Thursday, September 15, 2016

CDC: IRAT Evaluation Of Novel Avian & Swine Flu Risks


The CDC has released an updated evaluation of 11 novel flu subtypes/strains that currently circulate in non-human hosts, but that pose a potential threat to human health.

And if it seems as if the number of novel flu threats has increased markedly in recent years, you're right.  Eight of the 11 viruses evaluated have emerged since 2011.

 The CDC is quick to point out the Influenza Risk Assessment Tool (IRAT) is not predictive.  As stated in their FAQ:

Can the IRAT predict a future pandemic?

No. The IRAT is an evaluative tool, not a predictive tool. Flu is unpredictable, as are future pandemics.

But the IRAT can help planners decide which viruses pose the greatest risks, so they can prioritize their efforts and investments.

Of the 11 viruses evaluated:

Follow the link to read the full report, including individual evaluations for each of the viruses in the table.

Summary of Influenza Risk Assessment Tool (IRAT) Results

The Influenza Risk Assessment Tool (IRAT) is an evaluation tool conceived by CDC and further developed with assistance from global animal and human health influenza experts. The IRAT  is used to assess the potential pandemic risk posed by influenza A viruses that are not currently circulating in people. Input is provided by U.S. government animal and human health influenza experts.  Information about the IRAT is available at Influenza Risk Assessment Tool (IRAT) Questions and Answers .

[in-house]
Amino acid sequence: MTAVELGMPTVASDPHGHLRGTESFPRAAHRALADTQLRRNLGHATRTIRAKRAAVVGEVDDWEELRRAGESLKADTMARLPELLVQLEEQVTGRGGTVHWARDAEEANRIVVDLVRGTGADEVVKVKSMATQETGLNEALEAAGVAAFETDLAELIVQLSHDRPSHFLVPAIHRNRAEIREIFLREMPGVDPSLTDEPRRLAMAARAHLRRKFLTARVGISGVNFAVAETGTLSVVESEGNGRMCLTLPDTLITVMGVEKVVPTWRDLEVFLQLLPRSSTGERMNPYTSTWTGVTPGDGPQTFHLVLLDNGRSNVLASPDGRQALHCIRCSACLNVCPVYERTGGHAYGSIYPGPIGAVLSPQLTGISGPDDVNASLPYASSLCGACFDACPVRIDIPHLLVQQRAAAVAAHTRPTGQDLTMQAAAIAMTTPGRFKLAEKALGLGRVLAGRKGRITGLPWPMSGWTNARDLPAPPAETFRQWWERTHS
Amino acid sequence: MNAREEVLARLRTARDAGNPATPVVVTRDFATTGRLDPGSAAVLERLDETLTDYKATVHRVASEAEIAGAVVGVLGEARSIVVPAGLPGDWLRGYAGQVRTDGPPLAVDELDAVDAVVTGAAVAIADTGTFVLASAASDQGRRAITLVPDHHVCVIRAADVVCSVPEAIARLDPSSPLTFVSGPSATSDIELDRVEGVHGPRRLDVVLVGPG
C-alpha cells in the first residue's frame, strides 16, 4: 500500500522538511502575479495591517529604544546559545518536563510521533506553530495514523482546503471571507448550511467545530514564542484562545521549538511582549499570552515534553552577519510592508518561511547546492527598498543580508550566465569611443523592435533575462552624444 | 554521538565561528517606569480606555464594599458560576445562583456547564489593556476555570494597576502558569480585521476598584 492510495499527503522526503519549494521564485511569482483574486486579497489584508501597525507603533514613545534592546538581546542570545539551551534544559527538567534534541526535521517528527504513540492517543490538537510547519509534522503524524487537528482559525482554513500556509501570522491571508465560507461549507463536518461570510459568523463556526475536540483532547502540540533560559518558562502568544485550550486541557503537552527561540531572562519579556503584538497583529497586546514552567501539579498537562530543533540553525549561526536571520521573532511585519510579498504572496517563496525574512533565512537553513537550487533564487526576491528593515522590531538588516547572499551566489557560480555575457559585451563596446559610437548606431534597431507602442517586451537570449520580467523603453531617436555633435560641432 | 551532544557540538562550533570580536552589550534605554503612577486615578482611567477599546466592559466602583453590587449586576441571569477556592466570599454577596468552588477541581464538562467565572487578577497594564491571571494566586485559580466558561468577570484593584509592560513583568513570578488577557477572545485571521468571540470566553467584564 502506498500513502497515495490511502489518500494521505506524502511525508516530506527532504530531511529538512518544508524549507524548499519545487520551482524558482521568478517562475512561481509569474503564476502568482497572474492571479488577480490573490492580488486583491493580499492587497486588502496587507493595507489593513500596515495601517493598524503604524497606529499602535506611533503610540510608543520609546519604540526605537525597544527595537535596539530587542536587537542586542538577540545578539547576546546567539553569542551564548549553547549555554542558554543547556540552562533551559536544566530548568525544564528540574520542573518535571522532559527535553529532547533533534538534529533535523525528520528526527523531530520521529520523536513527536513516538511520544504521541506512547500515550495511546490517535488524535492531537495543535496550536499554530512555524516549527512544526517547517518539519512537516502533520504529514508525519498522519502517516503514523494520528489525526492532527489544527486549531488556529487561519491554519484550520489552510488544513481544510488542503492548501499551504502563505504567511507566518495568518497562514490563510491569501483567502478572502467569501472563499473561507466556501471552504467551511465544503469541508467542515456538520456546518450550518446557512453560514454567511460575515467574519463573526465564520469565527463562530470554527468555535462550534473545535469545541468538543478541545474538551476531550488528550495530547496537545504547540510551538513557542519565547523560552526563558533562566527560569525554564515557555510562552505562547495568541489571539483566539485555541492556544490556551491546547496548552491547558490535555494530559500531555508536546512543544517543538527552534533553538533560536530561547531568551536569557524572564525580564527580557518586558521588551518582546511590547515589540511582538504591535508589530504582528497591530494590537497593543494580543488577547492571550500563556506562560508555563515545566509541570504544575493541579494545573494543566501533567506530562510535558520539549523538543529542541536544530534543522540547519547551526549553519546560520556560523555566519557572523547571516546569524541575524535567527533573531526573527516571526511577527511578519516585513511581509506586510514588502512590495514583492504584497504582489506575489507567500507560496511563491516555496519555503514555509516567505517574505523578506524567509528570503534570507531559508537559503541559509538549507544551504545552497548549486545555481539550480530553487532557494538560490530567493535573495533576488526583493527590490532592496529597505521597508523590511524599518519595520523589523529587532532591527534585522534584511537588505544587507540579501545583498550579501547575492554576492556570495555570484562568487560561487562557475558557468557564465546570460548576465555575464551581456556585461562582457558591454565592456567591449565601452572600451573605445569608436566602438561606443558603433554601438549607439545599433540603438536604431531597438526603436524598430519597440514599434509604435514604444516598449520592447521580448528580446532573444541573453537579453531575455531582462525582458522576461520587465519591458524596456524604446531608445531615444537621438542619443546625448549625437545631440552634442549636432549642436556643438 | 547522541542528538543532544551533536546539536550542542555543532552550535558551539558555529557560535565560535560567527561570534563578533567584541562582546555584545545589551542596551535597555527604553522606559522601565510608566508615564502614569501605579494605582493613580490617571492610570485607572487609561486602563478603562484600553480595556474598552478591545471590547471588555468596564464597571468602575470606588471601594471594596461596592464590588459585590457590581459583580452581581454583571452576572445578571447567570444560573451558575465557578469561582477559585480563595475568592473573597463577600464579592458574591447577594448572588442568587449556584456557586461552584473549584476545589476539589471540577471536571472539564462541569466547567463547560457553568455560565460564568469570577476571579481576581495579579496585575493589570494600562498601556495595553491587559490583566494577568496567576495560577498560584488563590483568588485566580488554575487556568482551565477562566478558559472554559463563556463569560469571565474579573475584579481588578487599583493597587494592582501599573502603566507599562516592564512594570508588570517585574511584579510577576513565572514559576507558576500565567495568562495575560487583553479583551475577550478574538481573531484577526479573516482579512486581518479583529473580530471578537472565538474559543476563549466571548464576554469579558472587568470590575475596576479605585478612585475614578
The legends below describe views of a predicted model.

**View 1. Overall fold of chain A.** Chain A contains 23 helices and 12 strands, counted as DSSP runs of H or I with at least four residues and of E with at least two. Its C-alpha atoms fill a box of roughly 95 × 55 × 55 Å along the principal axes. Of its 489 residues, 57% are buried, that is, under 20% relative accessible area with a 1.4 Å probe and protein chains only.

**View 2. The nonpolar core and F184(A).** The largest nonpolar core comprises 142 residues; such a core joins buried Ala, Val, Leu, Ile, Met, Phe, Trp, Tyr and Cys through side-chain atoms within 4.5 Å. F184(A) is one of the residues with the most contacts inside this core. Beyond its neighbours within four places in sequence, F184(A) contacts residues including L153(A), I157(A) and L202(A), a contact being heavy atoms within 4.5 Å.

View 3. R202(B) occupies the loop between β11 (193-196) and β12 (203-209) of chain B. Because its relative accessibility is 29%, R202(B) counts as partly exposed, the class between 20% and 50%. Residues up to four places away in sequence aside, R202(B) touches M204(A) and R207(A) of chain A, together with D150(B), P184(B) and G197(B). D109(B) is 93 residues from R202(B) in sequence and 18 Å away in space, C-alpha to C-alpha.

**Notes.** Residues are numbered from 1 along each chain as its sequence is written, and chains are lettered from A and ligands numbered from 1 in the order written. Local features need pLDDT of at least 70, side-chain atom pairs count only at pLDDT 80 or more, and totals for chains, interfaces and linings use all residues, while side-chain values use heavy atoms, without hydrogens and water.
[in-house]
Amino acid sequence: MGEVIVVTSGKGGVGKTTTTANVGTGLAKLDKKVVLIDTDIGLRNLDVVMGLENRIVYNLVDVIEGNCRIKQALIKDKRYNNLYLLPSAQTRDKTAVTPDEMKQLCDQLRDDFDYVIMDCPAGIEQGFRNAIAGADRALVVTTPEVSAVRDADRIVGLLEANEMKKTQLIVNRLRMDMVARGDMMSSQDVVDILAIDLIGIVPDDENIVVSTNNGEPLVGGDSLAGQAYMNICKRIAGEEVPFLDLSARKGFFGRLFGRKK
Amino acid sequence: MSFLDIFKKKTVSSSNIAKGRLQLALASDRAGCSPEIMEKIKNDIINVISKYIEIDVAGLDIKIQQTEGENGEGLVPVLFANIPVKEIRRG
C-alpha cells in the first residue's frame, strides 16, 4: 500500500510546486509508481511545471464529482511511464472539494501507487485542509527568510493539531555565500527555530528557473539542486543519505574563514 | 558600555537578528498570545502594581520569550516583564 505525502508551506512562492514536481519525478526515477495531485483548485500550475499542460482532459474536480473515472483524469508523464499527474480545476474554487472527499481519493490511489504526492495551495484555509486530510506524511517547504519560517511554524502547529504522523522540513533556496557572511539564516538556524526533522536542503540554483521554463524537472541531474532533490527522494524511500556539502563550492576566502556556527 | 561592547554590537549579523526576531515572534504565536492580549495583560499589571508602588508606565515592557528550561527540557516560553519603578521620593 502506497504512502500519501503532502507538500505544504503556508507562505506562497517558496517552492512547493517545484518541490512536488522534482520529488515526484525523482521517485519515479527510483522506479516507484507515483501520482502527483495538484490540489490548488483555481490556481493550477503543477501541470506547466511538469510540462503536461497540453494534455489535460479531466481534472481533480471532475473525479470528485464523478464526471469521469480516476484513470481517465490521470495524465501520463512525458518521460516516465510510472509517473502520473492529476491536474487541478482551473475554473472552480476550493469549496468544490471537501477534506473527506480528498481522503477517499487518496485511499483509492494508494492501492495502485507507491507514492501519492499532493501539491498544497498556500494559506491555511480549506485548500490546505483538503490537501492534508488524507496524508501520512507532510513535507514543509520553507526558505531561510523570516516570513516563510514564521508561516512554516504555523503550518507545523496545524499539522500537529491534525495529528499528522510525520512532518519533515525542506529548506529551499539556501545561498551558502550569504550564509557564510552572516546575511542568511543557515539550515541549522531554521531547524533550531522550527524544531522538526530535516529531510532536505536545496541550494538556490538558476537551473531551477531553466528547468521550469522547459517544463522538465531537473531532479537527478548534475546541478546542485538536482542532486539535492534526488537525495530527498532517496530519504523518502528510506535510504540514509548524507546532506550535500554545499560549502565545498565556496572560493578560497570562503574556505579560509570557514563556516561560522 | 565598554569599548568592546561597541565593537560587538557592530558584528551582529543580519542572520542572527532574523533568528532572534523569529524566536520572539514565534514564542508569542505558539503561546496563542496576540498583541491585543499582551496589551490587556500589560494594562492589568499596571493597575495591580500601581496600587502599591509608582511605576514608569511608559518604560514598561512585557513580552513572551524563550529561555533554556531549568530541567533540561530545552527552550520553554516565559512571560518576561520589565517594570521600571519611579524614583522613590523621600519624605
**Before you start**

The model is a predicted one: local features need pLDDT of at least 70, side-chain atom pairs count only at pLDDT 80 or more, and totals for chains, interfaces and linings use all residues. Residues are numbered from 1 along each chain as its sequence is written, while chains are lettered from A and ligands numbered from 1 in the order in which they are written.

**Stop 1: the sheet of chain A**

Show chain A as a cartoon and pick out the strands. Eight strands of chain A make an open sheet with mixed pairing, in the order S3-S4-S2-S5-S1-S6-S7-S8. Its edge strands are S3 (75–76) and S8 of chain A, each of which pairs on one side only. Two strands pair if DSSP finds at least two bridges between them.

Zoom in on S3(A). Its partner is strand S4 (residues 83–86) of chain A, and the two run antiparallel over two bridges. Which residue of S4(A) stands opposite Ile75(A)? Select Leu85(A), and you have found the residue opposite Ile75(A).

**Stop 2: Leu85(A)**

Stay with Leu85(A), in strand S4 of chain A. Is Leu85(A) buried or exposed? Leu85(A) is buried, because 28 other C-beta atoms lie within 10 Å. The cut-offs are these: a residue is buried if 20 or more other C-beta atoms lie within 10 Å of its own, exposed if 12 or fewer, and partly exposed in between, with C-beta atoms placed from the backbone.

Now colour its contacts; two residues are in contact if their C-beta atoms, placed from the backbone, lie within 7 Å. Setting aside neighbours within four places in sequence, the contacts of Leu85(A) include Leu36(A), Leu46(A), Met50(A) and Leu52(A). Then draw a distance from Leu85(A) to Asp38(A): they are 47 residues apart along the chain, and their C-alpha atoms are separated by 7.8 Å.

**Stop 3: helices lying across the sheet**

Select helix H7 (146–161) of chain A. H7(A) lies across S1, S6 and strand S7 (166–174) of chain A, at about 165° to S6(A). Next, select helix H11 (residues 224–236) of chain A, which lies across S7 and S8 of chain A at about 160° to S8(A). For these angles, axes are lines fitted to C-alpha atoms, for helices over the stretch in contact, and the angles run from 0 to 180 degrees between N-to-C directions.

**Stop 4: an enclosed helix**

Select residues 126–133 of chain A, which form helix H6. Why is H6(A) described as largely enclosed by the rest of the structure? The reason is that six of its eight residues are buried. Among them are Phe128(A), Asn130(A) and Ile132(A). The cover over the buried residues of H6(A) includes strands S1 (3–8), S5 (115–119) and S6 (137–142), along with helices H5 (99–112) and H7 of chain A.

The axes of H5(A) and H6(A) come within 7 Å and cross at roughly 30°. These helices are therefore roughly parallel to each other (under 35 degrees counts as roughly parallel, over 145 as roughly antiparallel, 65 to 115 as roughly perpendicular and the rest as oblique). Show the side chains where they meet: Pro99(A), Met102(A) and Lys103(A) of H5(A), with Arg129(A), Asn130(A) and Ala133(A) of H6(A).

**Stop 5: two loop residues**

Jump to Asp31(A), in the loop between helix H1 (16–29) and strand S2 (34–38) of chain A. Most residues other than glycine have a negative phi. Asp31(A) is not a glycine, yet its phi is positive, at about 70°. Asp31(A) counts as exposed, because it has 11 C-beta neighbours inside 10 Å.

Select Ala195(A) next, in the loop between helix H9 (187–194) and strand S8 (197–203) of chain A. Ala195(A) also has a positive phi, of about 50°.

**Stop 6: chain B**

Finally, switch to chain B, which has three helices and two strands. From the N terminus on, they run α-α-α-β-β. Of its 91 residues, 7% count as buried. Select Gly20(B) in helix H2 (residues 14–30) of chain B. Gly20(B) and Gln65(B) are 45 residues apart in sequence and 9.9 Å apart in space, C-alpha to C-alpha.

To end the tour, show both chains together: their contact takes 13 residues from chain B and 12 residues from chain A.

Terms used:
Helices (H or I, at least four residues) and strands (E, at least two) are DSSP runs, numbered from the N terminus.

Below is a table of results for influenza A viruses that have been assessed using IRAT because they serve as a representative of a particular subtype or are of unique interest.

Click to View Full Size

(Continue . . . )

As we've seen repeatedly over the past few years, new subtypes can quickly emerge, and so this chart should not be considered a definitive list.  

Since 2013 we've seen H7N9, H5N6, H10N8, H5N8, and H5N2 all emerge.  Of these, H7N9 is viewed as posing the greatest risk of the lot. 

Additional subtypes will almost certainly appear in the future. But for now, this evaluation tool can provide us with some relative risks for the subtypes currently circulating around the globe.

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